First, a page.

PERR 2 has the same basic objective as the First Edition of providing the theory and practical knowledge needed to plan ethically responsible research. However, it has broadened this objective in myriad ways, including the following. It:
· Explains the sensible origins of ethical requirements that have become senseless rules in some research contexts;
· Explores conflicts of interest between research and institutional objectives;
· Examines the sources of ethical research behavior beyond mere adherence to regulations;
· Bases its recommendations on evidence-based ethical problem solving;
· Introduces ethical theory and shows how theories of normative ethics relate to major national guidelines governing human research;
· Examines the special problems that arise when ethical requirements based on the medical model of human research are applied to field research and qualitative research;
· Examines the proper role of methodologies in addressing research problems and related ethical problems;
· Explores ethical and regulatory issues in greater depth in relation to specific research methods;
· Examines many of the emerging issues that were not discussed in 1992, e.g., conflict of interest, internet research, generic research, data sharing, experimental economics, and many others;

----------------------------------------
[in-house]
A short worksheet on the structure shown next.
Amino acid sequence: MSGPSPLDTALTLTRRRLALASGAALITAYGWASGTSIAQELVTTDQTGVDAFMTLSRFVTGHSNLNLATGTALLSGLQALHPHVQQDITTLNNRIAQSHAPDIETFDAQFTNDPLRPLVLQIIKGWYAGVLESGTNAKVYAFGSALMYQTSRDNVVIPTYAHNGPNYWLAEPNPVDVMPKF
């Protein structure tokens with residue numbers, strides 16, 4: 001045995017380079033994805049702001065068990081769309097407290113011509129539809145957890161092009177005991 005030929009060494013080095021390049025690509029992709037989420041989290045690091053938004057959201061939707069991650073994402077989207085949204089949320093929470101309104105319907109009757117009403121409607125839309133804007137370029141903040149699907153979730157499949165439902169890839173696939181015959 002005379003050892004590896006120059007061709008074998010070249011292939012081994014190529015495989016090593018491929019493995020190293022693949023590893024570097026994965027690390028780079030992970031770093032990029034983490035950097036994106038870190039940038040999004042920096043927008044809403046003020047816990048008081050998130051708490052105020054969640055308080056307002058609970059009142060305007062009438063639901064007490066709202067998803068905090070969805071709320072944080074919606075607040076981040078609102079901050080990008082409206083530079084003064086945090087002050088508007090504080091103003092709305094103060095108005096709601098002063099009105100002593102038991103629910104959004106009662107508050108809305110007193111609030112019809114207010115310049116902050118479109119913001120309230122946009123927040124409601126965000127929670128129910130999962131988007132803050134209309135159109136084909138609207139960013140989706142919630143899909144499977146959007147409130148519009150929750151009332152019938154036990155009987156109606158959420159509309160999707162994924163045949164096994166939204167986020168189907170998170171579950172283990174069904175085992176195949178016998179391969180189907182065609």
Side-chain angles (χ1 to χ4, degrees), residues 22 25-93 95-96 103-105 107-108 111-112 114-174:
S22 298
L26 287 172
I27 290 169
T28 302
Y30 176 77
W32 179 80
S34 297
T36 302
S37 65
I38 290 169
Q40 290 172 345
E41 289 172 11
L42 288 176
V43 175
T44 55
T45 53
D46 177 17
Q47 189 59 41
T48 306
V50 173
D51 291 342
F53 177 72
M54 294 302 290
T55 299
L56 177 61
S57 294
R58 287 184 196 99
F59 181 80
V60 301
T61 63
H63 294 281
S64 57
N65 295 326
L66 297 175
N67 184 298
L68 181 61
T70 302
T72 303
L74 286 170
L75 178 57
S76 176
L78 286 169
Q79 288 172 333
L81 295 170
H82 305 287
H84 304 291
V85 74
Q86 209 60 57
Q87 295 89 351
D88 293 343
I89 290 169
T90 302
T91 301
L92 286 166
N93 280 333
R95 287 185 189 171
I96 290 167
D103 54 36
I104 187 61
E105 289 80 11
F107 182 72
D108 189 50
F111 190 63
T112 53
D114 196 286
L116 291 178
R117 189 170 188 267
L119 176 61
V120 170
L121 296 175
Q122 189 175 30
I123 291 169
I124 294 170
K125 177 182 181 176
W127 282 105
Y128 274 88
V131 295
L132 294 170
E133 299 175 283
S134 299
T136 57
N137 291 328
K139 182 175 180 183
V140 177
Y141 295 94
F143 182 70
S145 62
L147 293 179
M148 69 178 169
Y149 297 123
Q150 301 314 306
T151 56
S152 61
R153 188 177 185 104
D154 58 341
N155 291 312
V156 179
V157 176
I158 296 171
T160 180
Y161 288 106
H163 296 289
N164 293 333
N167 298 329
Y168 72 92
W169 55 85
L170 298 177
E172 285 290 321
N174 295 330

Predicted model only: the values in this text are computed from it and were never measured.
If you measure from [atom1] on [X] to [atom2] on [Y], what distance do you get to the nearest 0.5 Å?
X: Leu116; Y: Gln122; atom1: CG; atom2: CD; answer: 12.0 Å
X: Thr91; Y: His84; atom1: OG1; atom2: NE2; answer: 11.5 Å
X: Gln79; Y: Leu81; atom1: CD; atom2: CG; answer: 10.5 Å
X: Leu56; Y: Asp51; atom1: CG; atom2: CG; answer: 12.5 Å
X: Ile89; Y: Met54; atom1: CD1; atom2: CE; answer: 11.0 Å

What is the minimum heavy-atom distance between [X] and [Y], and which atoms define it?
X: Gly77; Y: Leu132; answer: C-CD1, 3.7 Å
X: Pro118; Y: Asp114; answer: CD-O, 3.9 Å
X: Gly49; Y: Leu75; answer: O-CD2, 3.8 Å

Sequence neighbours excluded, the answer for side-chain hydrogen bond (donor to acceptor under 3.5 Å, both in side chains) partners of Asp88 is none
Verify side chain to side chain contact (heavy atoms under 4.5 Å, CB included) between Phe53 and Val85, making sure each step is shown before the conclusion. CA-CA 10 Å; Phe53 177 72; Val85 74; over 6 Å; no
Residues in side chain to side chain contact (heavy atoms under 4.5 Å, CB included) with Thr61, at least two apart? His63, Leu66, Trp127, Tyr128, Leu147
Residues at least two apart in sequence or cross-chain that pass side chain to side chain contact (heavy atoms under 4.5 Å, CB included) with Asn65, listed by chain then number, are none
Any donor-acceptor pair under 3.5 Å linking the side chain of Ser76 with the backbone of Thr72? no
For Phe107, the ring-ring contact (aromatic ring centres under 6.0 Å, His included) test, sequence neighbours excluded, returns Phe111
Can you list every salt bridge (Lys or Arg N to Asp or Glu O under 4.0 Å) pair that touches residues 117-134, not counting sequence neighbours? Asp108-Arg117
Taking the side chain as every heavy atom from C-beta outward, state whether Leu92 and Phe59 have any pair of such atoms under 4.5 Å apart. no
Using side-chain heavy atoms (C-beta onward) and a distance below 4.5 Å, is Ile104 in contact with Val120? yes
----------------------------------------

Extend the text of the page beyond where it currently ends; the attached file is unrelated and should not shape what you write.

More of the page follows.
· Presents multiple viewpoints on controversial issues (i.e. Milgram's Obedience Studies, Zimbardo's Stanford Prison Experiment, Humphreys' Tearoom Trade);
· Makes extensive use of internet resources;
· Provides major guidance to IRBs and investigators so that they can indeed plan ethically responsible research instead of resorting to one-size-fits-all rules that may be highly ineffective in some contexts and cultures. It is about planning for the unexpected before, during and after the research is conducted, and understanding the inherent uncertainty that surrounds any such plans.
· Seeks to spell out the responsibilities equally for researchers, IRBs, and the various institutions including research institutions, relevant scientific and professional societies, and seek to promote the establishment of a more collegial, trusting relationship among these various stakeholders.
A major theme in the book is problems that arise after review by an IRB.